Then we have a signing that has the org’s stubborn fingerprints all over it: Andreas Englund. I’ve watched him bumble around most of his AHL career and he does nothing well, he’s just big. He’s supposed to be a good defender, but he’s not, and his decision-making and hands are terrible. The only positive you can squeeze out of this is that it’s just a one-year (two-way) deal–but really, there’s no reason to keep him.

Bringing back Jordan Murray on an AHL-deal is fine (I thought he’d crash and burn this past season, but he didn’t, even though he remains a defensive nightmare), but I wasn’t happy with re-signing LaBate–he’s not usefully gritty (as in, he doesn’t protect his teammates, nor does his mucking result in offence), but he is a good PKer (or, at least, he was this season). So, unlike Englund, he does at least something well.

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Generally speaking, debating strangers on social media is a waste of time–it’s a poor platform for discussion and most people aren’t interested in good faith arguments (it’s either about “winning” the debate or its an argument based on emotion and neither gets you anywhere). I got drawn into one of these via my review of Ottawa’s 2019 draft because I wasn’t aware (at first) that’s what I was in for. My article couldn’t be more innocuous (it summarizes the views of scouts, the org’s trends, with some opinion from me), so how did this result in an argument?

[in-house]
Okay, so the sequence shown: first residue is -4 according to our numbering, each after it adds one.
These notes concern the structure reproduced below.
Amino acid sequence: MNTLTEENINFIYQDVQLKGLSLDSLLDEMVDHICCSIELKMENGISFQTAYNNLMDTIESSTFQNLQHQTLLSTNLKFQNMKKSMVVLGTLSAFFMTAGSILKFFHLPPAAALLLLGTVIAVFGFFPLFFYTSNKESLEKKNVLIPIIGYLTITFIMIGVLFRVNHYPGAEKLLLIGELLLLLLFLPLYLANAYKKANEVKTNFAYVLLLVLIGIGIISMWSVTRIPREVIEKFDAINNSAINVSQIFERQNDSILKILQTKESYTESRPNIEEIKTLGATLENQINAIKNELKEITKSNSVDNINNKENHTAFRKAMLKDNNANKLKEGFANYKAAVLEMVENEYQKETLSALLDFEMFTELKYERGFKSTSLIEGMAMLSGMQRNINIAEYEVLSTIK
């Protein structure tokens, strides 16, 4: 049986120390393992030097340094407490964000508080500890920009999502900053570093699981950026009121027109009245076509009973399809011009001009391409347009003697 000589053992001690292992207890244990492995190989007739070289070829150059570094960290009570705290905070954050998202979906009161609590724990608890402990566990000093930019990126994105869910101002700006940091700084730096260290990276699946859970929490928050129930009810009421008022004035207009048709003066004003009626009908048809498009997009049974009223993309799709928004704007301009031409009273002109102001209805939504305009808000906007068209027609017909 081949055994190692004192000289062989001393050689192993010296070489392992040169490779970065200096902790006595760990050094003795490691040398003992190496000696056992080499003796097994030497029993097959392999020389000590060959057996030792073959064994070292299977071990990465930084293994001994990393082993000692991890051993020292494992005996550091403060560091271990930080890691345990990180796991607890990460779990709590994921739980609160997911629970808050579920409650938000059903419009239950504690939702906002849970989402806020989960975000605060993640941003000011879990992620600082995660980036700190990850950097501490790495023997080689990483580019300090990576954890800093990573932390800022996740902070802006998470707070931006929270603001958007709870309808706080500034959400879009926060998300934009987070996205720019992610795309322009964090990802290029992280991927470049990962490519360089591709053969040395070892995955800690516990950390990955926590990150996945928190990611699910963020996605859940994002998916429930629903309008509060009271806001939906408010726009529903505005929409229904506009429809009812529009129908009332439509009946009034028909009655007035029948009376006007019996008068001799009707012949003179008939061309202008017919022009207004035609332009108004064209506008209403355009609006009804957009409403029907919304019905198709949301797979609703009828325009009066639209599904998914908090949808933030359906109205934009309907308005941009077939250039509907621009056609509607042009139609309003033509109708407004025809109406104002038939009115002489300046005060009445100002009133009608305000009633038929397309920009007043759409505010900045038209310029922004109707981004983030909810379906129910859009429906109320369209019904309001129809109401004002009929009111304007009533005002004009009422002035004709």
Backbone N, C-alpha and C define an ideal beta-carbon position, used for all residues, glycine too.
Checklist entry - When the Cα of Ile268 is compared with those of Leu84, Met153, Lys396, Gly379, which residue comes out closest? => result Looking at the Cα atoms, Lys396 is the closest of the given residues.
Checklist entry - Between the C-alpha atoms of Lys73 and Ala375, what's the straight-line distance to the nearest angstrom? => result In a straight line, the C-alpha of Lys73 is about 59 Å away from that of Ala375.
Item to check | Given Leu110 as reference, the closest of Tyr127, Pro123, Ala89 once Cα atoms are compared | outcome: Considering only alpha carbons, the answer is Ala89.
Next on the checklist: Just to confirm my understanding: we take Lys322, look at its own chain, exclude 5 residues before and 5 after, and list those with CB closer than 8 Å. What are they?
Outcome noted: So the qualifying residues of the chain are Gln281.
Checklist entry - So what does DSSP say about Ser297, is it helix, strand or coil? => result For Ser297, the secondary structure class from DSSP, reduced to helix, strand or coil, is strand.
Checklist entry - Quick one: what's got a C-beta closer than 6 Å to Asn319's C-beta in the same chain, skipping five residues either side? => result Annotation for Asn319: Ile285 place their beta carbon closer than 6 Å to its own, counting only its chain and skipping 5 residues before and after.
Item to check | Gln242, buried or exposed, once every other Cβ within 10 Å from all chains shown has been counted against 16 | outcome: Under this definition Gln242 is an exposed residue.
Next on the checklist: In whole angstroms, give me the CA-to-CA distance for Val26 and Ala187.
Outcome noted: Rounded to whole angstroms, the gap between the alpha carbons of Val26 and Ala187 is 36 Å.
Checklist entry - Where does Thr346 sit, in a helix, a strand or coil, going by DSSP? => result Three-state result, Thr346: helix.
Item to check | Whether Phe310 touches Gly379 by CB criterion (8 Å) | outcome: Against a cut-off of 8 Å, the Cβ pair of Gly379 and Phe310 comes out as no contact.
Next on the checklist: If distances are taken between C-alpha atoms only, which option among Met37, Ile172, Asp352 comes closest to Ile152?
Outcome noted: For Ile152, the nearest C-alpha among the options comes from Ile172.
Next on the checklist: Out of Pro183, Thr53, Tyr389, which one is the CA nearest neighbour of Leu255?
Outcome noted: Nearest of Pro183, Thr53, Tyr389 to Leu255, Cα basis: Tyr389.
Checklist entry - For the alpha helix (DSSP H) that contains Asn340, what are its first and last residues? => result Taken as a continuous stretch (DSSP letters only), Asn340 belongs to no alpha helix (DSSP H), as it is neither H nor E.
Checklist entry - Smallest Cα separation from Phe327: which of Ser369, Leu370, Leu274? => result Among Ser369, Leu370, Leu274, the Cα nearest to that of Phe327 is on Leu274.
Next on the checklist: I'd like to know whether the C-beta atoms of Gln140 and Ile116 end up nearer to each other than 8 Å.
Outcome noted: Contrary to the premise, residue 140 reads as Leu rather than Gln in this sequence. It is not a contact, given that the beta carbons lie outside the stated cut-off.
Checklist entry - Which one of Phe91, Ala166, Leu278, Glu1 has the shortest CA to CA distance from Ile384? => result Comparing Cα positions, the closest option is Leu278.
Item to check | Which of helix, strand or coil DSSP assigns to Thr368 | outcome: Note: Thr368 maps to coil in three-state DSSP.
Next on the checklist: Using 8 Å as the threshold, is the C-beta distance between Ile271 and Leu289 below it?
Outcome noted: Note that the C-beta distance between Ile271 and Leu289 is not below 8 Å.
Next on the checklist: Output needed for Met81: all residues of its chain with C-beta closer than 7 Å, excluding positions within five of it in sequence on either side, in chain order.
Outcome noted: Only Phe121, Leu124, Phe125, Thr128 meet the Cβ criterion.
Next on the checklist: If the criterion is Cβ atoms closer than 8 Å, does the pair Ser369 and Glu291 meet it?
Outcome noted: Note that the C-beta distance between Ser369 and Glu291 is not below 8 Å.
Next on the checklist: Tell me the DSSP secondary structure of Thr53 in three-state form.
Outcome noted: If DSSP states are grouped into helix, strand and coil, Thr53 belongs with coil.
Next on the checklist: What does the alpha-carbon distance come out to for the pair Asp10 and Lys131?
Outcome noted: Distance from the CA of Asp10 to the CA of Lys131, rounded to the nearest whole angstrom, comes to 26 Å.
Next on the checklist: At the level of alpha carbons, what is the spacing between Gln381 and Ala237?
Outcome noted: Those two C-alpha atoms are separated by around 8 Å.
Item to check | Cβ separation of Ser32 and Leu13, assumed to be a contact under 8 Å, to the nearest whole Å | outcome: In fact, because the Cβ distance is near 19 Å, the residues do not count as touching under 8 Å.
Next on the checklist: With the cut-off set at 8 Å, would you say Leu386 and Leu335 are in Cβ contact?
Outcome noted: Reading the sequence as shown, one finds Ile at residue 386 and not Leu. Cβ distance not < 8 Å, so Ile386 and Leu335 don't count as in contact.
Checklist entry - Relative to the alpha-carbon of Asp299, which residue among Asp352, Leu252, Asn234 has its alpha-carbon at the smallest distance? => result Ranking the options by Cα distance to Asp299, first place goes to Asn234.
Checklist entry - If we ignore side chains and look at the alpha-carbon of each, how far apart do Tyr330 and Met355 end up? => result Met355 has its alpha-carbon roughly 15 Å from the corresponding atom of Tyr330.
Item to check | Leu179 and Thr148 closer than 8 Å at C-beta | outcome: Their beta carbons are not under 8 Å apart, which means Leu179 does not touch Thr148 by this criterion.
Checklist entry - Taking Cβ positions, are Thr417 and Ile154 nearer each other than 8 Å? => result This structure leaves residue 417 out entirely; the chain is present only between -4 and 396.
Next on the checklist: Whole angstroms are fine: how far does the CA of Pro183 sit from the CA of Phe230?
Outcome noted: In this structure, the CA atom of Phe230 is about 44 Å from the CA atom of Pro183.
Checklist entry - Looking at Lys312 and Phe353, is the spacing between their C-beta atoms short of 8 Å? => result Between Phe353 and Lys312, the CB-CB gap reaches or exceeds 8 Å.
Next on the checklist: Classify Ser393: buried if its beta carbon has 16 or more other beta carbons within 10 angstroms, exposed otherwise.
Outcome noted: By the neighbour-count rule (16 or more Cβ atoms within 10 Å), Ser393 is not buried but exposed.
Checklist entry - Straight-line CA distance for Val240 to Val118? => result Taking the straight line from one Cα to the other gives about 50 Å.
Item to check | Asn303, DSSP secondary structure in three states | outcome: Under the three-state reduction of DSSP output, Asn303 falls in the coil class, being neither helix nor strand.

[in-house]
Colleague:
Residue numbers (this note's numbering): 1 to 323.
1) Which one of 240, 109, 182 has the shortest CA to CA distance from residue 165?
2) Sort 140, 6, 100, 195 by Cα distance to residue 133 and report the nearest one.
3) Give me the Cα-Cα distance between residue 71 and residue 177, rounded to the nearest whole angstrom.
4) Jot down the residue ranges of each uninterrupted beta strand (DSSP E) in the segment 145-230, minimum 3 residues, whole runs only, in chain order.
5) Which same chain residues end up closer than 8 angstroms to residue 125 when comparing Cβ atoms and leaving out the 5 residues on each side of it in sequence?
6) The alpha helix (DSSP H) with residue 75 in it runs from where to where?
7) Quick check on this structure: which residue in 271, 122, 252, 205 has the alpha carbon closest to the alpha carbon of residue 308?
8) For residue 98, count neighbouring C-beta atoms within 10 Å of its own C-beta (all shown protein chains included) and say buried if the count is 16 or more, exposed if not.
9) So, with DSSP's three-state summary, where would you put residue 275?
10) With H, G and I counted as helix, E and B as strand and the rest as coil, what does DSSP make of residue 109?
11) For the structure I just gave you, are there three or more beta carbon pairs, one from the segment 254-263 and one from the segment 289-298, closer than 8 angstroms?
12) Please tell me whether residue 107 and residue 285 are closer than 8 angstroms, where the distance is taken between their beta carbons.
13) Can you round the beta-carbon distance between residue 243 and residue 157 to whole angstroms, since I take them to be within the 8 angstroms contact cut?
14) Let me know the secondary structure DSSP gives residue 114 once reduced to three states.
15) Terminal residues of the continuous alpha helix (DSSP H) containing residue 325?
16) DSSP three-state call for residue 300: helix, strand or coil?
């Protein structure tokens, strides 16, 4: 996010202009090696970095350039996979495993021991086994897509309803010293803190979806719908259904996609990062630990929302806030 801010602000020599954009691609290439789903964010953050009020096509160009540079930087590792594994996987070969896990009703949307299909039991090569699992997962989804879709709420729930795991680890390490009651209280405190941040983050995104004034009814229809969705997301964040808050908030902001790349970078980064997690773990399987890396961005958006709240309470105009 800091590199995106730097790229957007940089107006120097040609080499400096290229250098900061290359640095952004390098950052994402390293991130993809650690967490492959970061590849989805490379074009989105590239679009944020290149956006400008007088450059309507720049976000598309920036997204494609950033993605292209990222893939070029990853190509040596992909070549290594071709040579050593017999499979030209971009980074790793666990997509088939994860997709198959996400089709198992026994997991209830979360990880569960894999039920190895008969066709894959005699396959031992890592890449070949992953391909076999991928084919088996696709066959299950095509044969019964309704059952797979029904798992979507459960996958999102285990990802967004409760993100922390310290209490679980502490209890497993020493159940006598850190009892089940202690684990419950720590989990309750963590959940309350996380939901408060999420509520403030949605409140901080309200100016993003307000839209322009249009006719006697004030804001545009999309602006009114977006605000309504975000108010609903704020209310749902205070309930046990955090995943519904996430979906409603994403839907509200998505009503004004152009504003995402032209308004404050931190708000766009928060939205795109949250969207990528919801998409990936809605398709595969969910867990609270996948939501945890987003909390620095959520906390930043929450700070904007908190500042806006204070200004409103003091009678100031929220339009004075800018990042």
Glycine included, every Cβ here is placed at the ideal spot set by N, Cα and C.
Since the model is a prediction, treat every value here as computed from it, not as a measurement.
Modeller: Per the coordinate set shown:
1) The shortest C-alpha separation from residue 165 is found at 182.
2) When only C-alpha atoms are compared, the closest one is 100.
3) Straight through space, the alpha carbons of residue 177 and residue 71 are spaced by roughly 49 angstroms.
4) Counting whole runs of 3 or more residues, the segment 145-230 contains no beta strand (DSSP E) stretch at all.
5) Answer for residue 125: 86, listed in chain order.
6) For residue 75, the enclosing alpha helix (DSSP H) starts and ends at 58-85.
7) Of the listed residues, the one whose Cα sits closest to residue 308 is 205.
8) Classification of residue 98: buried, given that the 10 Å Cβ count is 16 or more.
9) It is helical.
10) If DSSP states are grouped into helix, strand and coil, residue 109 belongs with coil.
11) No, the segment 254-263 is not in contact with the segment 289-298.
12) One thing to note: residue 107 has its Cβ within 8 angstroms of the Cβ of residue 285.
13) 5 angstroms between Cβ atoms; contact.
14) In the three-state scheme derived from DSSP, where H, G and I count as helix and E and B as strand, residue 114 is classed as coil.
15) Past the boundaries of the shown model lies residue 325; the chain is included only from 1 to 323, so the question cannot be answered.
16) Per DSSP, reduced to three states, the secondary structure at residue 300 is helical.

The initial argument:
1. Claimed a THN (The Hockey News) article said the Sens are the second best in the league at finding NHL players after the second round (he didn’t link it and I can’t find it, but let’s accept it exists); when asked for context he said the article was based on the Sens draft history from 2000-18. In the absence of the article I had no idea what criteria they were using to define “NHL player”–just playing games (Ben Harpur?), impactful players, or what (I’ve tackled draft success previously)? I pointed out to him that the timeframe used goes through multiple changes of GMs and scouts, as well as ownership, and he admitted this mattered without changing his argument. I pointed out that Pierre Dorion’s comments in September echoed my conclusion about the draft (less skill, more character), but this (to him) was Dorion engaging in some kind of 48-D, underwater backgammon strategy to fool other NHL teams by doing… exactly what he said? The argument then became:
2. The Sens have a successful scouting track record, therefore they should not be questioned. He never justified the former with comparative analysis, or specified why (even if true) they shouldn’t be questioned, but he then said that the opinions of anonymous scouts and media personalities aren’t as good as the team’s (no justification for that idea either). I pointed out to him that the scouts aren’t anonymous, nor had I used media personalities (he’s referring to the Bob McKenzie draft article, but as I explained to him, Bob’s list comes from a group of NHL scouts). He then said scouts not employed by an NHL team don’t have opinions as worthy as those who are–putting aside the terrible logic, he’s actually refuting his own argument since Bob’s information is from current NHL scouts. At this point I stopped talking to him, because it was clear he was simply going to reject anything I said that didn’t fit his narrative.

I’ve gone through all of this thoroughly because this kind of thinking comes up all the time. I can’t figure out if people arrive at this place mentally through absorbing team propaganda or if they think liking a team means uncritical enthusiasm. Maybe it’s like politics where, for many, there’s not a choice, just a tradition to follow. Regardless, I’m not sure what one can do to elucidate ones views to someone like this, but I hate to think it’s impossible to get through to some intransigent fans.